The Fed held its first meeting of 2022 last week and erased any lingering doubts, of which there were few, that it will raise the overnight lending rate when it next convenes in mid-March. In the press release following the meeting, the FOMC stated that “the Committee expects it will soon be appropriate to raise the target range for the fed funds rate” and cited “inflation well above 2 percent and a strong labor market” as primary elements supporting its stance. Chair Jerome Powell held a press conference after the meeting, saying “This is a very, very strong labor market” and “My strong sense is we can move rates up without having to severely undermine it.”
Given the Fed’s hawkish tone, the markets almost immediately began to speculate that the Fed could boost rates by as much as 50 basis points this quarter, with futures contracts pricing in 95% odds of 125 basis points in hikes in 2022. The 2-year Treasury note surged to a high of 1.19% on Thursday, up 22 basis points from 0.97% earlier in the week. However, several Fed officials spoke this past Monday and they walked back the notion that a 50 basis point hike is currently on the table for March. In an interview with Yahoo Finance, Raphael Bostic, Atlanta Fed President, remarked that such a move is “not my preferred setting [or] policy action for the next meeting”. Esther George, Kansas City Fed President, suggested that the FOMC may best achieve its monetary policy goals with a combination of balance sheet reduction and rate hikes when speaking to the Economic Club of Indiana. She commented: “What we do on the balance sheet is likely to affect the path of policy rates and vice versa,” and “For example, if we took more aggressive action on lowering, pulling down that balance sheet, it might allow for fewer interest rate increases.”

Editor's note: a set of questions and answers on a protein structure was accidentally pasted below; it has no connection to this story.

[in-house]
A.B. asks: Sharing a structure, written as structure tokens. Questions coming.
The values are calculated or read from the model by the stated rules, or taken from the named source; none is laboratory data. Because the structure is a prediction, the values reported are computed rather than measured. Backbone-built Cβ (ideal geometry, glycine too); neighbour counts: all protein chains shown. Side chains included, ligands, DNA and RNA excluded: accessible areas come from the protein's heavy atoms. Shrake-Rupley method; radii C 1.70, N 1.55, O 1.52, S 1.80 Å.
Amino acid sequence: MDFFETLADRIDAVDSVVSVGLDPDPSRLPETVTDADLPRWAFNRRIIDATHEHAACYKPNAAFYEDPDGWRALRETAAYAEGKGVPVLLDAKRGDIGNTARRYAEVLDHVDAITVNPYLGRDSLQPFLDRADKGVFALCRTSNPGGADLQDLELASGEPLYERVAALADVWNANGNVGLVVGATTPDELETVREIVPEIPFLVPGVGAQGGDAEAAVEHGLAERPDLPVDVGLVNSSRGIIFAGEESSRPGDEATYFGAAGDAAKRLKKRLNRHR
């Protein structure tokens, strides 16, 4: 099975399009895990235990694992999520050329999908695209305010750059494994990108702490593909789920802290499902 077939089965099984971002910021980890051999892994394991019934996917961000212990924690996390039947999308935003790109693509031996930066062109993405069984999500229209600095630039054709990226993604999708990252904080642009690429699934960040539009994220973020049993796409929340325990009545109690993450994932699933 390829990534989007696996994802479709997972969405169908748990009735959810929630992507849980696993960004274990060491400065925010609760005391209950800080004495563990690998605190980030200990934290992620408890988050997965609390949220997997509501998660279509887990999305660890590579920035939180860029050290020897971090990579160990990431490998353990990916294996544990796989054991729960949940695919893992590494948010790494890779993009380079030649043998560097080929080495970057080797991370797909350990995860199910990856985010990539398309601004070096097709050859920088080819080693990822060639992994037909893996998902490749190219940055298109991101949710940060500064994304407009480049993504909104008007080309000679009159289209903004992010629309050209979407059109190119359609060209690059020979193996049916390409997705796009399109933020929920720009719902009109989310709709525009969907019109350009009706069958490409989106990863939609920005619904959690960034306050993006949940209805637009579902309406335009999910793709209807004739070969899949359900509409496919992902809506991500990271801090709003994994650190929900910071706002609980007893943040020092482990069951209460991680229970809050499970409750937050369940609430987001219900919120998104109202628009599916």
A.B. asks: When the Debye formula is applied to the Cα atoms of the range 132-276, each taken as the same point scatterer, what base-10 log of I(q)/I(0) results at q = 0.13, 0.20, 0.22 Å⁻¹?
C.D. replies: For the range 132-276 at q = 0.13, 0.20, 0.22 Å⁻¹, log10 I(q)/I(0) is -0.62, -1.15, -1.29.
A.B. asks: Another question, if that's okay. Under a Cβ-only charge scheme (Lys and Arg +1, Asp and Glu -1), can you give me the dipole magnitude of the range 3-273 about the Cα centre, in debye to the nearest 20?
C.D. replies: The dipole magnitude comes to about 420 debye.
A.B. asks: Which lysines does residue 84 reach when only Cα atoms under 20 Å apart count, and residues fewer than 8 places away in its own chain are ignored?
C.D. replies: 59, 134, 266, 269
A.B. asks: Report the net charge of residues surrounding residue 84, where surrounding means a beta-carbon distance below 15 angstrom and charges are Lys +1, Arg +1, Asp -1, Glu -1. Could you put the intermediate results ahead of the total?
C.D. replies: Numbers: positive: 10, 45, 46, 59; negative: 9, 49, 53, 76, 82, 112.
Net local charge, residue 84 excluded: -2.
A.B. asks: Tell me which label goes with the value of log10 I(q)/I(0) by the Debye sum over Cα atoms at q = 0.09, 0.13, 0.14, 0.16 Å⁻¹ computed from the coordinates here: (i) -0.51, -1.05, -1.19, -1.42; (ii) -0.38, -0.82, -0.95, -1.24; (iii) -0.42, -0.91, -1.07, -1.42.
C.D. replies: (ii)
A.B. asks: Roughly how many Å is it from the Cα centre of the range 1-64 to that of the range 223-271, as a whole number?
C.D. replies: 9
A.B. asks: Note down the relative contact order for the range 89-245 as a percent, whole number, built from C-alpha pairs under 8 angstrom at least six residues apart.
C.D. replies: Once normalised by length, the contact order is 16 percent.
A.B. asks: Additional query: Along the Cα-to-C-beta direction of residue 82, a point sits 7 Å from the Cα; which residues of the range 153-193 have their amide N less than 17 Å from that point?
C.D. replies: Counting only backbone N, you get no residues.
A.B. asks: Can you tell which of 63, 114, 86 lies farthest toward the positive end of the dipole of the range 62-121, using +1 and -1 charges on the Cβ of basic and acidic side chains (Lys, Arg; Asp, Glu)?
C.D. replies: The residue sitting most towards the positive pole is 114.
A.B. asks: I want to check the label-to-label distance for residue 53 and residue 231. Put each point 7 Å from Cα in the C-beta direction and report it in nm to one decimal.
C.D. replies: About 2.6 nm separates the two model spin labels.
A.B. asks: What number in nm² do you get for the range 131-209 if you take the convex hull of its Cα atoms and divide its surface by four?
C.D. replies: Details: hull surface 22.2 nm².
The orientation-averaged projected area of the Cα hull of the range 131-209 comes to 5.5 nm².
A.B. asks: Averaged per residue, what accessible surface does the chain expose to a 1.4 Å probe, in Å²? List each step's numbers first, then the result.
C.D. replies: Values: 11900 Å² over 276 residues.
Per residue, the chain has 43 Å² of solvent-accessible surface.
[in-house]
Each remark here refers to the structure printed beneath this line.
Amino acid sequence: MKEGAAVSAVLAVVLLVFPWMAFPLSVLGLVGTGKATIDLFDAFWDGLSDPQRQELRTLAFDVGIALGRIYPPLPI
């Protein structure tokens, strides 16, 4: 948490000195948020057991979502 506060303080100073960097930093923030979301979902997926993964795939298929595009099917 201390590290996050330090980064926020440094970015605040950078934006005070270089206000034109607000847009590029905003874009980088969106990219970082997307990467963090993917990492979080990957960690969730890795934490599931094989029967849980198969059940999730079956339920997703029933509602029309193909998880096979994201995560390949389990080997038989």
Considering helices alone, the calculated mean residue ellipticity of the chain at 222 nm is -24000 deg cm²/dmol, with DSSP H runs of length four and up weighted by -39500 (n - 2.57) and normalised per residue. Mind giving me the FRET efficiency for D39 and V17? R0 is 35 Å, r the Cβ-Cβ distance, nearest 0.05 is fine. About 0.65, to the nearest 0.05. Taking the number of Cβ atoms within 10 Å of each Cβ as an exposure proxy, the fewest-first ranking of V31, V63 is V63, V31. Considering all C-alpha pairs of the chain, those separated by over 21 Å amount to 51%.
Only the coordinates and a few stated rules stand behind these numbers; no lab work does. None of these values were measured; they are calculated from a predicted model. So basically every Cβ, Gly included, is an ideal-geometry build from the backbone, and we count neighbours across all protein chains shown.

Last week’s release of preliminary GDP data for Q4 revealed that the U.S. economy grew at a 6.9% annualized pace during the quarter and by 5.7% for the 2021 calendar year, the fastest growth rate since 1984. The expansion in economic activity was mainly attributed to inventory investment (a 4.9% contribution to GDP growth) and consumer spending (a 2.2% contribution to GDP growth). On the inflation front, the core PCE index surged by 4.9% in the fourth quarter, suggesting that price pressures will remain a key concern for the Fed.
Fed Funds Futures Contracts
Futures markets are fully pricing in a 25 basis point rate hike at the March FOMC meeting and between four and five total hikes in 2022. December 2022 and January 2023 contracts currently hover in the 1.20% to 1.27% range, while the 2-year Treasury note is yielding 1.16%.
This information was prepared by Capital Advisors Group, Inc. from outside sources which we believe to be reliable. However, we make no representations as to its accuracy or completeness. The economic statistics presented in this report are subject to revision by the agencies that issue them.